The week in Auckland was very stimulating.  The papers that I particularly appreciated were in two areas: those that unpacked more on the background of the Graeco-Roman world of the NT (an area of growing interest for me), and those that examined literary theory and its impact on hermeneutical methodology.

When it comes to the NT world, the good papers shone light on how the social world of the recipients of NT letters shaped their understanding.  I heard great papers on the relationship between Cicero and 1 Corinthians 1-4, or Paul's caricature of his rivals in 2 Corinthians 11:20 as "parasites" within a patron/client relationship, of coins that helped to interpret the Bar Kokhba revolt.   But at other extreme, there was some papers that I would put in the realm of parallelomania or, as one participant said, belonging to the realm of Hans Christian Anderson. 

On the issue of literary theory, I was encouraged to look more at Speech Act Theory - and its relationship to sensus plenior and the dual authorship of Scripture - an excellent paper.  I was also entertained by a paper on Psalm 23 - read through different literary theory - whether feminist, deconstructionist, post-colonial etc.  The "entertainment" of this paper certainly helped confirm to me the bankruptcy and subjectivity of many such methodologies (although I am not sure that this was the presenter's intent).  

I came away from the conference with three impressions:
1.  Very few presenters thought about the communicative effect of their papers.  Although an academic paper is not entertainment, any presenter must always think about delivery as well as content.   It was good to be a student again and to be reminded that sitting through 7 or 8 hours of lectures in a day is quite an ordeal, and it is the teacher's task to be concerned both for content and for pedagogy.  Those presenters at SBL who put a fair bit of effort into the "packaging" of their delivery actually communicated.  It always astounds me that those who teach children and teenagers must have formal educational training, whereas this is not required for the teaching of adults.
2.  I was really pleased (is it OK to be "proud"?) to belong to a group of people from PTC who are concerned for serious scholarship.  John McClean's paper on Pannenberg was a real highlight - both for delivery (amazing 3 dimensional powerpoint) and for content.  Rachelle Gilmour's paper on suspense in 1 Samuel 9 was clear and well argued.  Peter Lau's paper on Boaz helped me understand much more about the levirate laws and Boaz' virtue.  I did not get to Maureen Miner's paper, but I heard great reports.  For a little college, we can be very pleased to be part of a developing community of scholars.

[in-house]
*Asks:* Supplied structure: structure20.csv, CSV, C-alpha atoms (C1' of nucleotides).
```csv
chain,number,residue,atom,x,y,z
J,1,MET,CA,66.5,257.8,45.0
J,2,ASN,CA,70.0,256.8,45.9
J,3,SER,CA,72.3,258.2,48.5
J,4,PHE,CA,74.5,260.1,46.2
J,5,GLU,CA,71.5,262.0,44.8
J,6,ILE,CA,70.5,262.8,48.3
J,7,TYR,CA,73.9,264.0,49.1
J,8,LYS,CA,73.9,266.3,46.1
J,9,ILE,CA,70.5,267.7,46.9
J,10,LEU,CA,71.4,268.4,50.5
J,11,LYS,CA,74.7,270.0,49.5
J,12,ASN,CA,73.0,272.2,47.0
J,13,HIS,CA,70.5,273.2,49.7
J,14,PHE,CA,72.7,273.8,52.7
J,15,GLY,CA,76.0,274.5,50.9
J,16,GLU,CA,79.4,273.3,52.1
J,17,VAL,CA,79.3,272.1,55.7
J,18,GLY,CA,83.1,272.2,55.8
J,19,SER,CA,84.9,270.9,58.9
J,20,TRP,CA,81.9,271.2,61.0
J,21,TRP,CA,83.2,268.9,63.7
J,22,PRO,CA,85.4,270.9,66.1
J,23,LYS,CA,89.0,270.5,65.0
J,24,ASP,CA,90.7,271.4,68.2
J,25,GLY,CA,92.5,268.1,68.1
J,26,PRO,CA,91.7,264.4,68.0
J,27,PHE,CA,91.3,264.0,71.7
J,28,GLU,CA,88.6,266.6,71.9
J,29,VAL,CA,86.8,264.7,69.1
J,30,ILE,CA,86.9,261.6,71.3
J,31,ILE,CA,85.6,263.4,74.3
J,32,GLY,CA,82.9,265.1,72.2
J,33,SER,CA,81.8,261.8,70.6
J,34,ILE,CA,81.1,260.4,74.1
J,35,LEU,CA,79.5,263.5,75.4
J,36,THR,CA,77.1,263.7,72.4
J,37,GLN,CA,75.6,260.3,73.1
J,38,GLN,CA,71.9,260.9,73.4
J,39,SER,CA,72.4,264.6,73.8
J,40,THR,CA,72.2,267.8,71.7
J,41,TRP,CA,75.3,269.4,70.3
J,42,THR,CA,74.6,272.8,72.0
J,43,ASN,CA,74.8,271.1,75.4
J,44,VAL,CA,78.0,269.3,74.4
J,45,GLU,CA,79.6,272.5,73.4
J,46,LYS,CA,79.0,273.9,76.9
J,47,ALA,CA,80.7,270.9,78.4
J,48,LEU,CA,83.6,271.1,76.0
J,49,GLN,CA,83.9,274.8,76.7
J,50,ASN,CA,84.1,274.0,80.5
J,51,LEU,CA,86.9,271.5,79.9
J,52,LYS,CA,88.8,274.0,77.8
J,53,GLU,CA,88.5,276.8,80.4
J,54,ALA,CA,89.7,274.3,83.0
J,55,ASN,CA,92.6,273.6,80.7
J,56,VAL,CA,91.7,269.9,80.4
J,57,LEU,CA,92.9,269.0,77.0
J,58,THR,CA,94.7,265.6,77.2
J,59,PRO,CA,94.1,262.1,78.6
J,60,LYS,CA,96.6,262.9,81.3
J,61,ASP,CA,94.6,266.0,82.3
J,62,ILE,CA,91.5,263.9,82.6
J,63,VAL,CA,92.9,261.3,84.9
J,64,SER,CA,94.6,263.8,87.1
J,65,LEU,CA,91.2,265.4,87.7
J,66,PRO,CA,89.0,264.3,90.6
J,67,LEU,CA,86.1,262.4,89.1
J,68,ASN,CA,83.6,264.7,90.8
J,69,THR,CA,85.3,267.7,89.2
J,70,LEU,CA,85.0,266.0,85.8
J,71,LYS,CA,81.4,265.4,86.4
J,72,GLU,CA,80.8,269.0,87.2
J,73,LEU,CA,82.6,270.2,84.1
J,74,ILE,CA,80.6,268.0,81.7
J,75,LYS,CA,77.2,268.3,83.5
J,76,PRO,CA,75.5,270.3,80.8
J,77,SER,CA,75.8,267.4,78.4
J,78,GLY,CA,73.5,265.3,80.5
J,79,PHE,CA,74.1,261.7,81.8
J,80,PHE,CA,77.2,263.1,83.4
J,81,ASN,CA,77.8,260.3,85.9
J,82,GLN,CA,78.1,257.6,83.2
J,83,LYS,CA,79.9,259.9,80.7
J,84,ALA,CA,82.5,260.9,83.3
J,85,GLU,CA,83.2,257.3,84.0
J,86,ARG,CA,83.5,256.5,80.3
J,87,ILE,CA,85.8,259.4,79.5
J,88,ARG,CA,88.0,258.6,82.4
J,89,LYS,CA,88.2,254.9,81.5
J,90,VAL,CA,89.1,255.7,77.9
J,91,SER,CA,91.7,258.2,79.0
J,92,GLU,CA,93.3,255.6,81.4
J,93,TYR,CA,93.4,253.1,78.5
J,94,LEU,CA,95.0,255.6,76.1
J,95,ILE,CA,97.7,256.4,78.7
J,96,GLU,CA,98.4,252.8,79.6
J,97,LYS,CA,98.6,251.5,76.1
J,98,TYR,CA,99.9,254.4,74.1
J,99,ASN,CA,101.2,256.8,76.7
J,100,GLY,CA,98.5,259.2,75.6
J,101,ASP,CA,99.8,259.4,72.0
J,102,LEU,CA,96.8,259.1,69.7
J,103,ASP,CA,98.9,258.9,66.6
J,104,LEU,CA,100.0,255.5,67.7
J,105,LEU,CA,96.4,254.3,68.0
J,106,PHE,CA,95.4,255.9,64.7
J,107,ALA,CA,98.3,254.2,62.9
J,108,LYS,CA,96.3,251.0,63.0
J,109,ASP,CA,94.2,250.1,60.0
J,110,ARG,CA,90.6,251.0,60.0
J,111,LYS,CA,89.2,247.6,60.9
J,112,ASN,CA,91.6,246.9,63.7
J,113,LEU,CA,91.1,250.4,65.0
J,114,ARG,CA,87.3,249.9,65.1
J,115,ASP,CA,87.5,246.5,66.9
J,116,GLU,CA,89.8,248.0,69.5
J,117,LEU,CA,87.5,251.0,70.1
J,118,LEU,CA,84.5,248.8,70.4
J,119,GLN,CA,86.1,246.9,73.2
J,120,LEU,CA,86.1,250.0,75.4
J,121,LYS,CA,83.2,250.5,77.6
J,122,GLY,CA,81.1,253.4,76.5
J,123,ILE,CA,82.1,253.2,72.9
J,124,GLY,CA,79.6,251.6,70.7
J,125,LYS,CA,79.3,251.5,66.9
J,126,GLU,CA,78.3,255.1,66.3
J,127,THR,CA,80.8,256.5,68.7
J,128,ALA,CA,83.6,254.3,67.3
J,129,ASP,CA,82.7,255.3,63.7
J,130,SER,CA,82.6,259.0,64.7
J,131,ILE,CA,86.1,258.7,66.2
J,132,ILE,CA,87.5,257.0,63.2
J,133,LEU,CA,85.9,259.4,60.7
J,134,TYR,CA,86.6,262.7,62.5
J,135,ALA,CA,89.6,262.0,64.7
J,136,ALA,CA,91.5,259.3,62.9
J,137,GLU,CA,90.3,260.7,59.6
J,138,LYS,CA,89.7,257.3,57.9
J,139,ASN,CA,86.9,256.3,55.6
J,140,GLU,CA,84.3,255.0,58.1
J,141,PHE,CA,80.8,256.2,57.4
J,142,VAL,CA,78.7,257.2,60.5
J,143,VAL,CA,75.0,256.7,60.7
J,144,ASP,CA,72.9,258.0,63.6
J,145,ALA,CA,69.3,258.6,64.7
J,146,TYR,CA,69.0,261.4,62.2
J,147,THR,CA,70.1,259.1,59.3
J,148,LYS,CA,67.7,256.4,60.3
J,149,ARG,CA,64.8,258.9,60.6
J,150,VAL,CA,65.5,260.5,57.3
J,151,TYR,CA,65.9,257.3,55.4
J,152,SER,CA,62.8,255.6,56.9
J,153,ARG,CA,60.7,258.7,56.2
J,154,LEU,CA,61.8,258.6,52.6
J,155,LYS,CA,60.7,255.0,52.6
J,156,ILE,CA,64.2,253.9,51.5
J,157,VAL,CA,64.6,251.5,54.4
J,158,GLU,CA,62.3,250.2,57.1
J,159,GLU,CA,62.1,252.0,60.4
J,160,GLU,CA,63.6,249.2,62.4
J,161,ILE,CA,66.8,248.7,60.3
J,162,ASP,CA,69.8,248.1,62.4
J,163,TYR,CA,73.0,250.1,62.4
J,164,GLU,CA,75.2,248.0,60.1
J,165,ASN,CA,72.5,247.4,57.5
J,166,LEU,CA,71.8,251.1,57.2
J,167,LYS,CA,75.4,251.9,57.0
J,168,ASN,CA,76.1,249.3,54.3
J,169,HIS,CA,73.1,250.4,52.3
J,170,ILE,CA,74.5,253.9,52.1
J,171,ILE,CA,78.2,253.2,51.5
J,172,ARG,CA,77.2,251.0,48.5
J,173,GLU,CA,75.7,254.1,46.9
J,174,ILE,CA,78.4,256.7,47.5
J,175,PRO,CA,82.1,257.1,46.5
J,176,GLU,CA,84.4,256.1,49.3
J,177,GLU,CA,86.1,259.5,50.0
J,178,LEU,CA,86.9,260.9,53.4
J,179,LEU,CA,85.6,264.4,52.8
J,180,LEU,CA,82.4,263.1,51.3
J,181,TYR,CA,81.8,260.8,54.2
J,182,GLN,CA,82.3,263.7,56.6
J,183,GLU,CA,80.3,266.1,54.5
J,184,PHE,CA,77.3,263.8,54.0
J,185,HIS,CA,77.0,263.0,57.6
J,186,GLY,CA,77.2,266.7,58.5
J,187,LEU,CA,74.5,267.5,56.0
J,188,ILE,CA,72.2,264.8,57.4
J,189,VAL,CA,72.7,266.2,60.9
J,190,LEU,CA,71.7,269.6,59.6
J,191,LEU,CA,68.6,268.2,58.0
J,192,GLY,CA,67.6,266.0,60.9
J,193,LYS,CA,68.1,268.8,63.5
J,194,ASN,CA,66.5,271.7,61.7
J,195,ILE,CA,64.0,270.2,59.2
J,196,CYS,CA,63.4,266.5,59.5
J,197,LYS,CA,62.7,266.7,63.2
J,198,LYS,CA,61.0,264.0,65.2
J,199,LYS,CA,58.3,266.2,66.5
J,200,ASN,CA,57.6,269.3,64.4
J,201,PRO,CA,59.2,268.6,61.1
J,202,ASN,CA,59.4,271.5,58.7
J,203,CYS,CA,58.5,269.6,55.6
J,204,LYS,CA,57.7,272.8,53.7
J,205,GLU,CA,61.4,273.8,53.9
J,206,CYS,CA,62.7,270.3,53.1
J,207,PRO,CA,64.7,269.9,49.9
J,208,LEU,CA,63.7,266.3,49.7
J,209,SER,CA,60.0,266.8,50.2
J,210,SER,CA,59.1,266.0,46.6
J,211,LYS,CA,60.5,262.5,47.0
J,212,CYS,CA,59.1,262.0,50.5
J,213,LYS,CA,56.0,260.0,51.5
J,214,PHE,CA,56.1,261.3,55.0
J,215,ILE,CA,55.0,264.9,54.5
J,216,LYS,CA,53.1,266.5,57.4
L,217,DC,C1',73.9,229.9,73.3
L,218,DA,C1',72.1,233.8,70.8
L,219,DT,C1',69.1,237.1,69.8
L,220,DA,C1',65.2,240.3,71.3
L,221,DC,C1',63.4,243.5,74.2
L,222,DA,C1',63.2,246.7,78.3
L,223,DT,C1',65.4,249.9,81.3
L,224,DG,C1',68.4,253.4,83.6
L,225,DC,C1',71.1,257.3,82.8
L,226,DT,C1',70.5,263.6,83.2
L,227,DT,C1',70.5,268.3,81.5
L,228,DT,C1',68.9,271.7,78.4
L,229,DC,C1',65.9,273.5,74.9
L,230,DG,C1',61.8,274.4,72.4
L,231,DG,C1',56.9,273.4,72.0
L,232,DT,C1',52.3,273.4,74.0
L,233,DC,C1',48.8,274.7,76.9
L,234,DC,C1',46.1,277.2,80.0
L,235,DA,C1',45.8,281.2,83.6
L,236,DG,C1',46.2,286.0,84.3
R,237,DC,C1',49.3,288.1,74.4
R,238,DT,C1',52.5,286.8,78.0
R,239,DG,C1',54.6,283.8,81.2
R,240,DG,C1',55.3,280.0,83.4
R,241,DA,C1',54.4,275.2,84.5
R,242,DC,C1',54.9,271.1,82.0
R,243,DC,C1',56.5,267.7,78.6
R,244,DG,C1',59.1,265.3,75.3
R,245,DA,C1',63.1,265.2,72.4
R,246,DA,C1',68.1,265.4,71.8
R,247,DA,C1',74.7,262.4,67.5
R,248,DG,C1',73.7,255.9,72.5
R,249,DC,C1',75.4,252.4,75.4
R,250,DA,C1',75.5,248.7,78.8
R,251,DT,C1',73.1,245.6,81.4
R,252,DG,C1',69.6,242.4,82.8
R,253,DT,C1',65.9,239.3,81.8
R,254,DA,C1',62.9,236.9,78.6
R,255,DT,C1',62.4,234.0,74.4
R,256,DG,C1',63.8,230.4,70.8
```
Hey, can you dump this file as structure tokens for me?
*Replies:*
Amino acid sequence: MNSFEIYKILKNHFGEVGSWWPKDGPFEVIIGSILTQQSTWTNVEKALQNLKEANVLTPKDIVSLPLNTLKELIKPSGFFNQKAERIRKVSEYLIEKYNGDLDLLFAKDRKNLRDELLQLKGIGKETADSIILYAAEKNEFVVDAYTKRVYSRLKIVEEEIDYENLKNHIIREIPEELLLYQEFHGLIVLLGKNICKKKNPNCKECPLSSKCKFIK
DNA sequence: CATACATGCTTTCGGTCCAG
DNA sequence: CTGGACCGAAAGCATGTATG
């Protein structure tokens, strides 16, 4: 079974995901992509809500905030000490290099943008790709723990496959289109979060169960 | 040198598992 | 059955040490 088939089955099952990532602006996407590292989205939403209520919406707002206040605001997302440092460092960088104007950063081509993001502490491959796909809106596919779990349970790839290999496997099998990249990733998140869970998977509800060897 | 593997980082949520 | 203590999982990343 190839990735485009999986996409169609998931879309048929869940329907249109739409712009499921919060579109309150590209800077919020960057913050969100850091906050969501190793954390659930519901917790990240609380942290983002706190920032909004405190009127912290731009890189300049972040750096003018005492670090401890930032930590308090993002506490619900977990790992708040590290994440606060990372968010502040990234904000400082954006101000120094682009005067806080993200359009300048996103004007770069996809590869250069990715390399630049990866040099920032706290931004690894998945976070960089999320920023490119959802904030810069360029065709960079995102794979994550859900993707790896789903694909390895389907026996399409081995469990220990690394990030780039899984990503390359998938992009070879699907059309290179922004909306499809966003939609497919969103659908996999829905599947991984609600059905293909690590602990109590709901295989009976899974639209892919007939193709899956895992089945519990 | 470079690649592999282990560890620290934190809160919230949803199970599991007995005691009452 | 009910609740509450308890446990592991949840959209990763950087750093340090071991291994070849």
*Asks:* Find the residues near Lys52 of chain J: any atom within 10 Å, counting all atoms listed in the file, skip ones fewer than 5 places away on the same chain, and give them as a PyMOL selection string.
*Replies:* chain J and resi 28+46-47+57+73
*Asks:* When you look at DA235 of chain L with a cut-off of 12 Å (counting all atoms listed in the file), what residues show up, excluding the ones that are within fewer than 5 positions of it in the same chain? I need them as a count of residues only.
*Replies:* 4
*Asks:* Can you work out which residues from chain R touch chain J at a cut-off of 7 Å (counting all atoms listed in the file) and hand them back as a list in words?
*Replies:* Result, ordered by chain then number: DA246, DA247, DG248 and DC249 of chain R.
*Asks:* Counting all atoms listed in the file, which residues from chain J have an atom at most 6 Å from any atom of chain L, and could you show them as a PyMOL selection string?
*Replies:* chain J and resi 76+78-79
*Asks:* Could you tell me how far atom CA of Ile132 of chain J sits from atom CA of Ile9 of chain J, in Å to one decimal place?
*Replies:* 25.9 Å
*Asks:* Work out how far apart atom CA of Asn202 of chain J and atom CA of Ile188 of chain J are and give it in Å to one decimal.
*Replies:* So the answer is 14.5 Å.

3.  There is an amazing (and alarming) breadth in the faith commitments (or lack thereof) among those who are involved in academic Biblical studies.  I was reminded again of how blessed we are in  Sydney (and other places too!), where there is an environment which values both faith commitments and academic rigour.  The need to defend the faith is just as real, if not more so, at the more academic end of the spectrum - and this will only be done well as we continue to take seriously the interpretation of text against its original setting.  There is much work to do in this area.

It's good to be back home to the warmth of a Sydney - but a great week of meeting people and being educated and challenged in Auckland.  It was a week well spent.

Thursday, 10 July 2008

Why attend academic conferences?

"Why are five of the teaching staff of PTC spending a week drinking coffee in Auckland in between listening to other academics talk about all sorts of obscure topics?"  That is a good question and I'll give you my answer, though the others might have further reasons. In no particular order here are some reasons for attending a conference like SBL.

Presenting at a conference pushes you to explain and defend your work to a group who know the field well but may not be sympathetic with your own approach.